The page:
A Primer On The Joys And Techniques Of Soaring An Ultralight
Ultralights. What wonderful inventions. They not only give us inexpensive flying, but so many new and wonderful ways to enjoy the skies. Their short takeoffs and landings let us go places that normal planes can't go, and their climb performance is thrilling. Floats are an adventure in themselves and so are skis that also take the boring out of winter.
If you've tried some or all of these things and think you already know all about the true essence of flying - wait until you try soaring. To spend the afternoon in almost total silence with the engine turned off, climbing to cloud base in one thermal, then drifting off to float up again in another is as close to being a bird as I've ever been. I guarantee that you'll love it.
What do you need to do it? Any good two seater ultralight flown solo will likely be capable of giving you a taste of soaring, and if its sink rate and stall speed are sufficiently low you may have just the ticket for a wonderfully satisfying new experience. With a little knowledge and practice, you'll be able to welcome the challenge of extended power-off flight, and the prospect of an engine failure that would strike terror in the hearts of most general aviation pilots will cause you little concern.
Most people think glide ratio is what makes a plane soarable, and they are largely wrong. There is a big difference between glide ratio and soarability. Believe it or not, jet airliners have a surprisingly good glide ratio but don't expect to do much soaring in one. Bob Pearson is an Air Canada captain (and a partner in my first 2 seat ultralight) who had both engines of his Boeing 767 flame out at 41,000 from fuel exhaustion. He glided his powerless 132 ton airliner with 69 people on board over a hundred miles of unlandable terrain to a successful landing on an abandoned airstrip in 1983. He was able to do that because of the plane's glide ratio, not its soaring capability. Obviously this is an extreme example, but airplanes with good glide ratios are not necessarily good at soaring.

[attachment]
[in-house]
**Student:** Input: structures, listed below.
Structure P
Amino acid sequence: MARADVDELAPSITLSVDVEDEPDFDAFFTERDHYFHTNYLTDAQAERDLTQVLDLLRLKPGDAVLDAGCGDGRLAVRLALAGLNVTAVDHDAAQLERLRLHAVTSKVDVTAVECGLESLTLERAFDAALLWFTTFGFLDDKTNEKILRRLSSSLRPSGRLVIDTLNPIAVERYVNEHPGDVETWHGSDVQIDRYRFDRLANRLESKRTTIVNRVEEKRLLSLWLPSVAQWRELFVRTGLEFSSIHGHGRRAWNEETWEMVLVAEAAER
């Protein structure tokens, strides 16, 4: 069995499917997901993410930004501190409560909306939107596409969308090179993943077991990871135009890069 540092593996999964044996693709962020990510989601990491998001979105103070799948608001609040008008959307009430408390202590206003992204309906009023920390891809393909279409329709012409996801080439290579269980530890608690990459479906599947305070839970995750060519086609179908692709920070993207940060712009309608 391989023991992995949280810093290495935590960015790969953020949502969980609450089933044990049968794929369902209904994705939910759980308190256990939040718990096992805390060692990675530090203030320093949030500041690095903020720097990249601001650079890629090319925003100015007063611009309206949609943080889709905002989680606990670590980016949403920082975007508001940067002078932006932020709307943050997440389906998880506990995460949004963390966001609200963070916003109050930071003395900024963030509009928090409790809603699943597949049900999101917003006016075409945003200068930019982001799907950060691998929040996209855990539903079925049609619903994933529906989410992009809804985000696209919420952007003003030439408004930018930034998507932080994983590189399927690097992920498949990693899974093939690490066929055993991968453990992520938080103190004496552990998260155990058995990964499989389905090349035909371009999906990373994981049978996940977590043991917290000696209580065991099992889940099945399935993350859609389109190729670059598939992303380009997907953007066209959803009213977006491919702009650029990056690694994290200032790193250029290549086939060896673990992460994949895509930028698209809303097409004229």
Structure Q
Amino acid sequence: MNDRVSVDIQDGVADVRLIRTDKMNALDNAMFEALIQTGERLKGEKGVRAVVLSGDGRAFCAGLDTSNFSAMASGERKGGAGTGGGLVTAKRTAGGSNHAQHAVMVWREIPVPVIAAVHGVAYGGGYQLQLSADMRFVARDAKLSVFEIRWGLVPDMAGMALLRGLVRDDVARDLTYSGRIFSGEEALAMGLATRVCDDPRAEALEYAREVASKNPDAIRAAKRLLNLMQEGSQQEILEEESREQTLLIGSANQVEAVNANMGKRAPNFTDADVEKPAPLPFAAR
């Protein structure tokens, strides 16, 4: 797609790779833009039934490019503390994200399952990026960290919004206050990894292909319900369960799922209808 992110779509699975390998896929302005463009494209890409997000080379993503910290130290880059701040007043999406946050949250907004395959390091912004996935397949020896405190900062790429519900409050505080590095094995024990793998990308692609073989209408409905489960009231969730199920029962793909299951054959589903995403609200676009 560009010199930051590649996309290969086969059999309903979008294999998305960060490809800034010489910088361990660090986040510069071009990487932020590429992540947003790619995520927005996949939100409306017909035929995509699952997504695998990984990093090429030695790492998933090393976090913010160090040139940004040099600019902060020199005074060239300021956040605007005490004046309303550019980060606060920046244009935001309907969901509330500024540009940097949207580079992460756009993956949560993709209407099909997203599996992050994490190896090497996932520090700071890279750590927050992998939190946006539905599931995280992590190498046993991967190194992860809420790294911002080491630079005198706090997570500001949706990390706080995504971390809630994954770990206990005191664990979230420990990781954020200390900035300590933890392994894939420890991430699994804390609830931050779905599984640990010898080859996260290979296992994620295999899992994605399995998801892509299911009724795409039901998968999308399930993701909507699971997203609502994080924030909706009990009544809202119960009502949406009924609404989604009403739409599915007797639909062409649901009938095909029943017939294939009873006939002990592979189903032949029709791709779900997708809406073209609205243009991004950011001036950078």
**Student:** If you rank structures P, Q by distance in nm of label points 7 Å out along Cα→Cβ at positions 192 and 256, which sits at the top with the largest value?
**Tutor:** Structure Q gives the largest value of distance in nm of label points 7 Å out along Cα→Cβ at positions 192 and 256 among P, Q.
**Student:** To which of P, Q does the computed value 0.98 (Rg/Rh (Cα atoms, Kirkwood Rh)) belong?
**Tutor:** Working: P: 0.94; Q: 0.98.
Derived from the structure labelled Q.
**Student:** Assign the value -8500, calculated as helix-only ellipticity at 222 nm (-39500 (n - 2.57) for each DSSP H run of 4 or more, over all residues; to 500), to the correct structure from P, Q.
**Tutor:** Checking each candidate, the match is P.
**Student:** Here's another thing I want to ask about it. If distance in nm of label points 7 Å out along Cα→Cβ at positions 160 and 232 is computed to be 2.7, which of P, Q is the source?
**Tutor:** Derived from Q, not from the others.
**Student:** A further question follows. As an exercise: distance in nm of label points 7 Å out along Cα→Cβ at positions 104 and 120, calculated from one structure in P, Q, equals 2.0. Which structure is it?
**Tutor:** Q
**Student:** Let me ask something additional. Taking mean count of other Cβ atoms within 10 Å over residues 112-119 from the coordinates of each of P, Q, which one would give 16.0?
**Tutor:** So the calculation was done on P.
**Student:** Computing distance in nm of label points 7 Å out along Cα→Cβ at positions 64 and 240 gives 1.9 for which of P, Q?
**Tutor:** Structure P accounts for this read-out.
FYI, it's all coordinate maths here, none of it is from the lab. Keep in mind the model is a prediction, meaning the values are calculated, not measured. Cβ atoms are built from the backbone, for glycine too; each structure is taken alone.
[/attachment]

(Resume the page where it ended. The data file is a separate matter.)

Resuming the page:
Successful soaring comes first of all from being able to find and efficiently use thermals, the sometimes bumpy rising air that you encounter on sunny afternoons, often accompanied by puffy cumulus clouds. When the sink rate of the airplane is less than the rate of lift of the thermal, you will go up. It's as simple as that. There are other forms of lift too, like ridge lift and wave, but they both require special conditions and topography that are not available to everyone, so we'll stick with thermal soaring here.
If you want to soar, you need an aircraft with a low power off sink rate as well as a low power off stall speed. The lower, the better. If you can have glide ratio as well, so much the better, but without the first two items, don't expect to stay up with the motor turned off. The lower the sink rate, the less of a thermal you will need to keep you up, and the lower the stall speed, the smaller the diameter of the turn so you can keep in the small center core of the thermal where the lift is strongest. Low sink rates and stall speeds are enhanced by low empty weight and large wing area (light wing loading) and low drag. Ultralights are generally good at the first two items so if yours is also reasonable from a drag standpoint (preferably not wire braced or side by side) then you can probably expect it to soar.
I have found some people to be uncomfortable flying in thermals, finding the unpredictability of the lift and bumps disconcerting and unnerving. Understanding what's going on will make it a lot less intimidating and as you learn how to put the lift to work for you, it will become your friend and ally, to be sought out and used at every opportunity.
Even if you're not actually soaring, thermals can be very useful. They make a welcome source of lift on a hot summer day when you're heavily loaded or on floats and will help you get to altitude much more quickly. What goes up also comes down and that includes air. Remember the time you were at full throttle and not climbing worth a damn? That's the sink. Want to avoid it? A little understanding is all it takes.
Thermals are simply big bubbles of heated air that break loose from the sun-heated ground and float upwards. Often (but not always) the warm air reaches a height where the cooler temperatures condense the moisture in the warm air to form the round puffy cumulus clouds that you often see on summer afternoons. Have you ever noticed mornings that are calm and clear as a bell are often followed by breezy afternoons where the sky is littered with cotton balls, and then have the calm, clear (or clearing) conditions return in the late afternoon or early evening? That's because thermals need the warmth of the sun to form, and in the early morning and late afternoon the sun is at too shallow an angle to provide sufficient heating. For the same reason, the very best soaring conditions are generally found in the spring and early summer, when the days are longer and the sun higher, thus providing more effective daytime heating.